“People used to set their hair and do all sorts of things to make their hair curly. . . and it was kind of torturous. . . and uncomfortable and not pleasant,” he said from his salon in Sydney’s Double Bay.

“I think it was a mother’s way of saying, if you eat your crusts you won’t have to be tortured into having your hair curled.

“There is no foundation to the fact that flour, particularly the part closer to the oven than the part in the middle, could possibly make your hair curl.”

* Carrots make you see in the dark

“Theoretically this is true”, Saxelby says.

Carrots are rich in betacaritine, better known as vitamin A, which is good for vision, in particular night vision, she says.

“That (is the) vision you get when you walk into a dark room and at first you can’t see something and then gradually objects come into view.

“So yes, carrots are meant to be very good for your eyes.”

But retina expert Dr Paul Beaumont describes this as a “complete fabrication”.

But Dr Beaumont, who has been studying human retinas since 1976, said the carrot theory evolved in World War 2.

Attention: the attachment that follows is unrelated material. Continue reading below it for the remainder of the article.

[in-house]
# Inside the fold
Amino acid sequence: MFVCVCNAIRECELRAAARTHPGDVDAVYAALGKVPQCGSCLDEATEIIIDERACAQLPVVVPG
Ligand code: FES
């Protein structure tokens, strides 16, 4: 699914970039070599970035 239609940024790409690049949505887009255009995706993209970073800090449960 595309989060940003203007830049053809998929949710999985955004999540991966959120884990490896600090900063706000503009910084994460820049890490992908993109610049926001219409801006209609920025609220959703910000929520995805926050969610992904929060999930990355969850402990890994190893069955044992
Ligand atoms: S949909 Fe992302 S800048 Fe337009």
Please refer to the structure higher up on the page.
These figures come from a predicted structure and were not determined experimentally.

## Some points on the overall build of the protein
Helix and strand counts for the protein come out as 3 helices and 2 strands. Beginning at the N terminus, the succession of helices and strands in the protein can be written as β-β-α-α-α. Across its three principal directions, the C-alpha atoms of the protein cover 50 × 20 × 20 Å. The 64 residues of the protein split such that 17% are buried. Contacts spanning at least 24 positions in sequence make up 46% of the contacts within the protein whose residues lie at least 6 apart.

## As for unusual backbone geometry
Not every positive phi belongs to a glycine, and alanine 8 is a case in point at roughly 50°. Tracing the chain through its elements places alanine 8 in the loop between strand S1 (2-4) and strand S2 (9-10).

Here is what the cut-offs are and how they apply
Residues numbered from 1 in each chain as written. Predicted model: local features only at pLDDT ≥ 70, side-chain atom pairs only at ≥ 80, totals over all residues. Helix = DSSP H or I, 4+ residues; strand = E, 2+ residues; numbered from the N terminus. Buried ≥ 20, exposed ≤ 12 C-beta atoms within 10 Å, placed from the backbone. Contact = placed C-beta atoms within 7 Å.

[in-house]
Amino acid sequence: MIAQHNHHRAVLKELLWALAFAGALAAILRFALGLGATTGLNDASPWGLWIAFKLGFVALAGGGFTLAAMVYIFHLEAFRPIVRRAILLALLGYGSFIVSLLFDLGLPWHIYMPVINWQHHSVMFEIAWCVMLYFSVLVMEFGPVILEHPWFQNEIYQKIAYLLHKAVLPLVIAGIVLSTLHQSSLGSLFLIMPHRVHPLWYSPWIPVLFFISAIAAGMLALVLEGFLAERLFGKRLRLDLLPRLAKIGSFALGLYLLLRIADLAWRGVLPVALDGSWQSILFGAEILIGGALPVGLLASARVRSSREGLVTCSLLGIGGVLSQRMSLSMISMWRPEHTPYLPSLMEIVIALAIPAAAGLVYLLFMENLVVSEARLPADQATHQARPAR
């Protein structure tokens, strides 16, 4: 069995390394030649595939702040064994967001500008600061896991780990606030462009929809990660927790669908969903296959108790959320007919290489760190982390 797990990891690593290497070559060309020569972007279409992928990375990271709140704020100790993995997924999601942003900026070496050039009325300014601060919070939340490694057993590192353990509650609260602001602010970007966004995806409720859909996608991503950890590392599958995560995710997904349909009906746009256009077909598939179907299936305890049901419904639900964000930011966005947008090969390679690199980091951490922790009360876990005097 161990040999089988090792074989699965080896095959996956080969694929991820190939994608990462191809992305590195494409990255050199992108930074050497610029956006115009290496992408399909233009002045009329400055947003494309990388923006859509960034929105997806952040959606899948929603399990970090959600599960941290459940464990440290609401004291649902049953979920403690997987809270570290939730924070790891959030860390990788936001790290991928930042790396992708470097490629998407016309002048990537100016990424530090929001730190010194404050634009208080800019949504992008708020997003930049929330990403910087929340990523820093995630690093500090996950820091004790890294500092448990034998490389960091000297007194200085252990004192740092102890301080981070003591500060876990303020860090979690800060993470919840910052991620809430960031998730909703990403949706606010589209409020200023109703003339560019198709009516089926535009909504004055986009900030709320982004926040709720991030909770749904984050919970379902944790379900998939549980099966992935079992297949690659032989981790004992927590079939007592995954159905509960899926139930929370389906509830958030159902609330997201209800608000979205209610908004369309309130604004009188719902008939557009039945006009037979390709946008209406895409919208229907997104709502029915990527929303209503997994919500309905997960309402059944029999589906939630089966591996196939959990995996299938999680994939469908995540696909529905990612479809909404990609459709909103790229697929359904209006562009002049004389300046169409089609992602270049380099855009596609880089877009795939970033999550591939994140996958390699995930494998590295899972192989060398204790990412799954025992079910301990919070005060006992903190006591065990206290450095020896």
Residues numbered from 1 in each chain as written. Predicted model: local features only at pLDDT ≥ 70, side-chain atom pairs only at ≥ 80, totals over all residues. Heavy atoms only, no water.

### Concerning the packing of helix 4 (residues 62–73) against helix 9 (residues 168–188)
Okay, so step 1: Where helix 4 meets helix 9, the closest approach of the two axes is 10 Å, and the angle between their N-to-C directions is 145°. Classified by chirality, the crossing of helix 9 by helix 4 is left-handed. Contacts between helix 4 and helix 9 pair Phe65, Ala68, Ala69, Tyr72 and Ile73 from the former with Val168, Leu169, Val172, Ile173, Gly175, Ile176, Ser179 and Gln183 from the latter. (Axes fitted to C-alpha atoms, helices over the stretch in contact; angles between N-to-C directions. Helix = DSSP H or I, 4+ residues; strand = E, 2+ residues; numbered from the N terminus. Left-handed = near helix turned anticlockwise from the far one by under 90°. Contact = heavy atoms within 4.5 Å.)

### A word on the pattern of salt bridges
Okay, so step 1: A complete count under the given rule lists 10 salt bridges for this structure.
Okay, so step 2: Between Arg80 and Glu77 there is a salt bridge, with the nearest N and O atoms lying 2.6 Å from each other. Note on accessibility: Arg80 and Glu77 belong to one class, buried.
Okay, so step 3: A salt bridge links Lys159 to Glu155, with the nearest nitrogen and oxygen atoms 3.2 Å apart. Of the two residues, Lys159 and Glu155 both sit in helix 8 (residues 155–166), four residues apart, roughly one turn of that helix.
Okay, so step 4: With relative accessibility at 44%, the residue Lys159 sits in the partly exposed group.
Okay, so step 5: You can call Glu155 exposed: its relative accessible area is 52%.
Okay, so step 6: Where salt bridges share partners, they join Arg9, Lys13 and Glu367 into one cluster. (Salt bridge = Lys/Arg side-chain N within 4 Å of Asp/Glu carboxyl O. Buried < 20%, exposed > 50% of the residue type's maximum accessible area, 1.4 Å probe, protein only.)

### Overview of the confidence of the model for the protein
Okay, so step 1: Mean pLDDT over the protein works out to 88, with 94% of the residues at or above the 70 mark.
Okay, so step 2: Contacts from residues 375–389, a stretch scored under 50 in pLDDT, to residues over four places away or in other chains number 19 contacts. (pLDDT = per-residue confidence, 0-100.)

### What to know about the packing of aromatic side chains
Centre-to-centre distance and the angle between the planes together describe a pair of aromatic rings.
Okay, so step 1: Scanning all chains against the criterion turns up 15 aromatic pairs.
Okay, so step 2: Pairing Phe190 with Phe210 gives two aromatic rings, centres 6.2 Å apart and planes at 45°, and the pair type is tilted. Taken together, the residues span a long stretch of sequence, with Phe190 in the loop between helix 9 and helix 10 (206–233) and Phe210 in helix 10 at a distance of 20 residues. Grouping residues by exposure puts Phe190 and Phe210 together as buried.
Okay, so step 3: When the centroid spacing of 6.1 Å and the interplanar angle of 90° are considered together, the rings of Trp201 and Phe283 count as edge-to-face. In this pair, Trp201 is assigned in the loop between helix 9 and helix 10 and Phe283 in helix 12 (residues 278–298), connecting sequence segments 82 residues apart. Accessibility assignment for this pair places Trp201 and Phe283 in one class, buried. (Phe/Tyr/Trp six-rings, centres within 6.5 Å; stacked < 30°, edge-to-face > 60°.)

“When the English. . . were flying at night they used radar but the Germans didn’t know that radar existed,” Dr Beaumont told AAP from his Sydney clinic.

“The English certainly didn’t want them to know so they put out a myth saying they were feeding their pilots carrots to improve their night vision and that’s why they could fly and see things at night.

“I think that is the greatest food myth”.

* An apple a day keeps the doctor away?

Eating apples will not keep you out of the doctor’s surgery, nor is the fruit any better than an orange, Saxelby says.

She says she suspects the apple is a convenient symbol for all fresh fruit and vegetables.

“You see apples used so many times to convey something healthy. . . so I think an apple is just a visual symbol of all things fresh and good,” she says.

“I don’t think apples on their own are anything more superior than oranges or mandarins.”

Saxelby says this line harks back to biblical times when Adam and Eve munched on the apple in the Garden of Eden.

In her opinion, berries and citrus fruits are much more nutritious.